Sunday, August 23, 2009

Inglorious Basterds Review - Stephen Whitty: Film Critic or Nazi Sympathizer?

The following blog entry is a rebuttal to Stephen Whitty's critical review of Quentin Tarantino's latest film, Inglorious Basterds, which can be read here in its entirety.

Once again, Mr. Whitty, you deliver a review that is obviously a thinly-veiled attempt to justify your personal dislike of a film, for whatever reasons that may be.

While your review isn't studded with the several inaccuracies that sometimes grace them, it does feature one: you state "if [Quentin Tarintino] wanted a Morricone score, he could have actually hired the man to write a new one, rather than using old excerpts from other films." Of course, he did try to hire him to do the score, but a conflict in business schedules forced Morricone to decline.

Beyond that misinformation meant to slander the film maker's intentions, your review simply makes some pretty outlandish accusations. Like insisting that Brad Pitt is allowed to hog the film, when his character is not present for at least half of the movie. Why you would imply that using a big-name actor that manages to turn out a great performance is some kind of tragic mistake on the filmmaker's part is beyond me.

Your argument that Tarintino should have bypassed Pitt for "an actor who might have added just a dash of something -- regret, pain, doubt, madness -- to the sadism" defeats the point of the character. The character of Aldo Raine is indeed sadistic and bloodthirsty. In fact, heroes and villains alike in this film are cold and dispassionate in their violent acts and intentions. Aldo Raine is sadistic, yes. That is we he and his Basterds are the perfect foil to the Nazi Commanders and Soldiers whom we watch dispassionately and even casual discuss the inferiority of Jews and "Negroes". The power of the Basterds is that they are more bloodthirsty than the monsters they hunt. Considering that one of the theme's of the film is both the symbolic and literal act of Fighting Fire with Fire, I would think this would have been more apparent.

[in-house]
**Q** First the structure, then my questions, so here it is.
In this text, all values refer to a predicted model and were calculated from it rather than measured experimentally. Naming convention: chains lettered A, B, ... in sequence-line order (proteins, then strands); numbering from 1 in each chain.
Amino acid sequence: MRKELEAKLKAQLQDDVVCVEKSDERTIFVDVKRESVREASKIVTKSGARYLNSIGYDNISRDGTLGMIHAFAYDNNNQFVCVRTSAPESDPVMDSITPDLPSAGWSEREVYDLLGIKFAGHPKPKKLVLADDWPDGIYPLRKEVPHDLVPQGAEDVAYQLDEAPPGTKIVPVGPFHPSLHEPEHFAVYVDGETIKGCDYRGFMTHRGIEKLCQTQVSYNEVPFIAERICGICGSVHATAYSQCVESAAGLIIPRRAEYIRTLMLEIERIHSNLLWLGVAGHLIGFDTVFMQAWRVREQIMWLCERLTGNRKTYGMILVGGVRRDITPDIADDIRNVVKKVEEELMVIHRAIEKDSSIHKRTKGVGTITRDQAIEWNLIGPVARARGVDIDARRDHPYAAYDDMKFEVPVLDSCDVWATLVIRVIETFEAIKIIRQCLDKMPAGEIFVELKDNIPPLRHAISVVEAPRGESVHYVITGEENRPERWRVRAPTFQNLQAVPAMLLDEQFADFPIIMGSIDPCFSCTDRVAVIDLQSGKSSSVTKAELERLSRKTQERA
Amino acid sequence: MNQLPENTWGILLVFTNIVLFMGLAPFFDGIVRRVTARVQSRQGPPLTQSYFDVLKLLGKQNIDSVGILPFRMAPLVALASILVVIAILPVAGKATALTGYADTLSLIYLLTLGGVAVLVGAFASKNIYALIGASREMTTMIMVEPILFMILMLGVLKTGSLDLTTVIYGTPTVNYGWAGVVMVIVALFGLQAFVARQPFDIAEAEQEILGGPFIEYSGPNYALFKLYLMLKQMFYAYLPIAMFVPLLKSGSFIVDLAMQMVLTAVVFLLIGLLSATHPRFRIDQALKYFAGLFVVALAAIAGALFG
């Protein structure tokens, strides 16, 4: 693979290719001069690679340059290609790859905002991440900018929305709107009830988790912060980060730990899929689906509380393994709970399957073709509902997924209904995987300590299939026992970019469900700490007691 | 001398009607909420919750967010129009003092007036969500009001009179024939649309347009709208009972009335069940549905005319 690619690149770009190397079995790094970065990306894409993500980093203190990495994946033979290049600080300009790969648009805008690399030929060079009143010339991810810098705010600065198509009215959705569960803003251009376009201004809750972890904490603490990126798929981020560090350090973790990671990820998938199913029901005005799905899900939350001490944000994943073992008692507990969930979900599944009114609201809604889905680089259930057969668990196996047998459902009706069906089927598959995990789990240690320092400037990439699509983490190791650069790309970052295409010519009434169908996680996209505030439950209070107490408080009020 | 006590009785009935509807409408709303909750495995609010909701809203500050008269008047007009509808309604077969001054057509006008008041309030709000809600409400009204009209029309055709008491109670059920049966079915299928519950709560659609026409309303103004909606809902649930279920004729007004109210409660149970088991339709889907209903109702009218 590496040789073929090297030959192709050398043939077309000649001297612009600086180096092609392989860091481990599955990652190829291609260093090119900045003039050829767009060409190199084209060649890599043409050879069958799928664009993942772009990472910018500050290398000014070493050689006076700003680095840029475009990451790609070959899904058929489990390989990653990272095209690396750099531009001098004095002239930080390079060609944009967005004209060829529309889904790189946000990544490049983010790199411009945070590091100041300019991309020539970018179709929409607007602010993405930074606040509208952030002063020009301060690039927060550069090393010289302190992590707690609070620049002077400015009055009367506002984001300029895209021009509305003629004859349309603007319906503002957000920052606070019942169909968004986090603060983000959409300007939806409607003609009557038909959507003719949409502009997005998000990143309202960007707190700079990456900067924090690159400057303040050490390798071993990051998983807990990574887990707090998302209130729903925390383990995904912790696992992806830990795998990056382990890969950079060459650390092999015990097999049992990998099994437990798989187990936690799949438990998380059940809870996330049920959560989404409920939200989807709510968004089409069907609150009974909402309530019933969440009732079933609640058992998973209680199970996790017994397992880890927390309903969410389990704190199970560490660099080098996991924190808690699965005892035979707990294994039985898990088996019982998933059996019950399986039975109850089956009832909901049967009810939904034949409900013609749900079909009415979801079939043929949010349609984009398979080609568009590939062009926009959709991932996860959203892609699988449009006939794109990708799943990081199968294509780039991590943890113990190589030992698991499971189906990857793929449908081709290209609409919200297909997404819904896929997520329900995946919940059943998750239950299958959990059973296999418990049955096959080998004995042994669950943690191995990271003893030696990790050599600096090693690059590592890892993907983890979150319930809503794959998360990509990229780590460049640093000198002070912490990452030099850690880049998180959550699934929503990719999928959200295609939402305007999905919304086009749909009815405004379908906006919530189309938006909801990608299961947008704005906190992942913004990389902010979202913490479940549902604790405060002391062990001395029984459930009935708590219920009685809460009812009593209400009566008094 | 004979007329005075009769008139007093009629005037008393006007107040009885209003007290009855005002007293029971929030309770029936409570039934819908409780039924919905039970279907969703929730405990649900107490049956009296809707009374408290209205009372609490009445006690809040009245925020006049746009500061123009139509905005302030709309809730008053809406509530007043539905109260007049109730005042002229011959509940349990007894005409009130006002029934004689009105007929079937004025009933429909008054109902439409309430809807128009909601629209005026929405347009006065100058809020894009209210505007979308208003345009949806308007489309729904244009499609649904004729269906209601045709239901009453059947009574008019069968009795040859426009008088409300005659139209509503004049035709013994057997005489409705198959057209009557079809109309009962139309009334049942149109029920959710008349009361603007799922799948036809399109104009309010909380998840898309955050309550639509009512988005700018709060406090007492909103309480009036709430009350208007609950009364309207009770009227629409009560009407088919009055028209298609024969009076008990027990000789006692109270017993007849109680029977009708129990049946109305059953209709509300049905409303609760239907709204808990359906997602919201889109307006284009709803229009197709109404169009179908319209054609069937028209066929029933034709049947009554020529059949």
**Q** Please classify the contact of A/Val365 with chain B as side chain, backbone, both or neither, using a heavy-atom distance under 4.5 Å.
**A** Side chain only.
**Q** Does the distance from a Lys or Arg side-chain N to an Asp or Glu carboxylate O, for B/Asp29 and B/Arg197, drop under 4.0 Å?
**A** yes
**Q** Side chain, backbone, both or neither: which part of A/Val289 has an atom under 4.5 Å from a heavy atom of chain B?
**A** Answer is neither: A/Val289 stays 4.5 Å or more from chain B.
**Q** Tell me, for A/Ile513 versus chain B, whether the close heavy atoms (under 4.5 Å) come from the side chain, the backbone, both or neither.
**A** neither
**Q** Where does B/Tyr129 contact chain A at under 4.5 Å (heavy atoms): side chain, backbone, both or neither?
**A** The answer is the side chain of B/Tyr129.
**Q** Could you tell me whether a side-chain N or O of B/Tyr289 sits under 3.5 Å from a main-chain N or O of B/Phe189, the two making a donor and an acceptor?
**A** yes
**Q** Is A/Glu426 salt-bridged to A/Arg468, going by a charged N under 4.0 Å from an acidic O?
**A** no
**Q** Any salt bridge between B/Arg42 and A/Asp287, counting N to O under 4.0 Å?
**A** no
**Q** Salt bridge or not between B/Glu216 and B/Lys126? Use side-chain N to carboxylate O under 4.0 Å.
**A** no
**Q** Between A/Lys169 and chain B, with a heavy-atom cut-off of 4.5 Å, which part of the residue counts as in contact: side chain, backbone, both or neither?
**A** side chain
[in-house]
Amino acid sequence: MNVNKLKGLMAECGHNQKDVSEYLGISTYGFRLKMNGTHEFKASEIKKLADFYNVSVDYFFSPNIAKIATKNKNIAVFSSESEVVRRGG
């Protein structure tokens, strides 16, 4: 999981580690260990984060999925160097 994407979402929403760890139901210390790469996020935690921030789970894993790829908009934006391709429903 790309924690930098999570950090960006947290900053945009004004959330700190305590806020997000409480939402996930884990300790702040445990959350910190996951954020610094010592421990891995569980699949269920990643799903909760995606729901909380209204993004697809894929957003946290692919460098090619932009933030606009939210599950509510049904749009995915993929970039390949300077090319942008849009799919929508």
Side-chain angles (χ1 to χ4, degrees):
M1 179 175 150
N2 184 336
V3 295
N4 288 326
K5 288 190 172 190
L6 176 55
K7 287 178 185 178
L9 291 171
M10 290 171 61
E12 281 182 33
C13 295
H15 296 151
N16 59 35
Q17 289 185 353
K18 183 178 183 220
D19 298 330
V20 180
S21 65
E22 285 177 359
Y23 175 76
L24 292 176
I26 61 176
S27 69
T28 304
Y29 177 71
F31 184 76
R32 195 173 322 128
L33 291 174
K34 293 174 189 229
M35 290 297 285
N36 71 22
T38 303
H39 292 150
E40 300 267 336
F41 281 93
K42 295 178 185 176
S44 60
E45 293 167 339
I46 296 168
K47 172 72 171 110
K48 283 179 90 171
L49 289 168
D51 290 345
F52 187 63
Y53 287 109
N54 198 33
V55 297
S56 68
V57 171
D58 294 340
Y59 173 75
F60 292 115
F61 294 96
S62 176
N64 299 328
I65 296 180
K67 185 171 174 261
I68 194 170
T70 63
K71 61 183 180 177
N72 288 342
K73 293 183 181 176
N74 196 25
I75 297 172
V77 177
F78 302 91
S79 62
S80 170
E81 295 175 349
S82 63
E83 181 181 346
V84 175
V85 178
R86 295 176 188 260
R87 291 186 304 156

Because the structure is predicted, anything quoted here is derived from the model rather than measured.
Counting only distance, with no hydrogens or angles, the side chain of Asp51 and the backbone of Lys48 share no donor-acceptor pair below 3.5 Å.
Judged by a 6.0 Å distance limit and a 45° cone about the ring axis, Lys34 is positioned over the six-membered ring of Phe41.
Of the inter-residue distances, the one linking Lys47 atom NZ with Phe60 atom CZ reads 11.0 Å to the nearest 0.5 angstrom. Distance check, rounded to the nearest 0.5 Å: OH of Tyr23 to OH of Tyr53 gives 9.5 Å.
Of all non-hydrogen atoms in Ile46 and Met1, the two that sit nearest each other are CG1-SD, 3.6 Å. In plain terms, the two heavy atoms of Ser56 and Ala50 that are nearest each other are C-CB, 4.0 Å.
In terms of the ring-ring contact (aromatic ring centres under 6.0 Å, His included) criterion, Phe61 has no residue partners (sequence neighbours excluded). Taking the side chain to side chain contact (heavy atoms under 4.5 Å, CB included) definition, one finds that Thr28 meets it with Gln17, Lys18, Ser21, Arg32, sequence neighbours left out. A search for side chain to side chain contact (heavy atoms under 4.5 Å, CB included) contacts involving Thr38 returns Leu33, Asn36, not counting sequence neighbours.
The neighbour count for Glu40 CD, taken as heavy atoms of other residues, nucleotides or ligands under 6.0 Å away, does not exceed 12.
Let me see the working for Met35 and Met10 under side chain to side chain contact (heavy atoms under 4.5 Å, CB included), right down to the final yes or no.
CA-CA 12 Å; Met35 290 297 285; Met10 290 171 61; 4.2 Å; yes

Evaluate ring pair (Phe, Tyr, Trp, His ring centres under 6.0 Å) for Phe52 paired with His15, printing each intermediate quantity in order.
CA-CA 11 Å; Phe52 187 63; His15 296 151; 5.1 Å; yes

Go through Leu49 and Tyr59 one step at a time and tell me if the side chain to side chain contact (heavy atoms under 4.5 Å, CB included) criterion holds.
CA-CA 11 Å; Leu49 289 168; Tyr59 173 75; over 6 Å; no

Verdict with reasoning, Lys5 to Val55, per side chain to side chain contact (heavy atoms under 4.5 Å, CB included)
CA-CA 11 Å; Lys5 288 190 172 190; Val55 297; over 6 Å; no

You also complain that the movie "is simply an action film" and "is almost insultingly

Cover of Cover via Amazon

unconcerned with the real war." Not being able to look past the entertainment value of Tarantino's work is no excuse for ignoring the thematic structure, and dismissing the film as not having any serious themes because of the historical revisionist ending (because everything in Saving Private Ryan was 100% fact, right?) is rather a simple and dishonest way of deconstructing the film into segments to bash and trivialize, instead of considering the work as a whole and praising it.

Most outrageous, however, is your distaste for Tarantino's "...arrogant -- perhaps even dangerous -- lack of concern with the story's moral dimensions." This honestly leads me to believe that you were not paying attention to the film during your screening, but merely jotting down notes for your pending critical review. Lack of concern for the story's moral dimensions? I hesitate to list scenes that debunk this assertion, as I am afraid there are too many to tackle without the risk of spoiling the film for those who have not yet seen it. I will try one, however; how you could view a scene featuring a Nazi audience joyously watching a war propaganda film glorifying the slaughter of enemy soldiers for national pride, displayed in a film that the real audience has been joylessly cheering similar acts of violence during, and not see the statement the film maker is making about the subjective nature of human morality and how easily the lines can be blurred? Every other scene in this film is layered in revealing displays of morality and how easily the thin veil of humanity can be pulled aside to reveal the true nature of the beast that is man (most probably better than Peckinpah ever managed to do), yet you dismiss the existence of such complexity because Tarantino enjoys mixing scenes of dark humor and stylized violence into the mix.

You claim that Tarantino's stylish touches (like David Bowie appearing in the soundtrack, for

Quentin TarantinoQuentin Tarantino via

heavens sake!) and layered, non-linear style was in danger of being confusing and disorienting. I sat in a packed theater full of moviegoers, and no one looked confused or disoriented. They looked happy and entertained. Yeah, I hate it when that happens, too.

And as for your complaint that "the illiterate spelling [of Basterds] is never really justified..." Do you really need everything explained for you?

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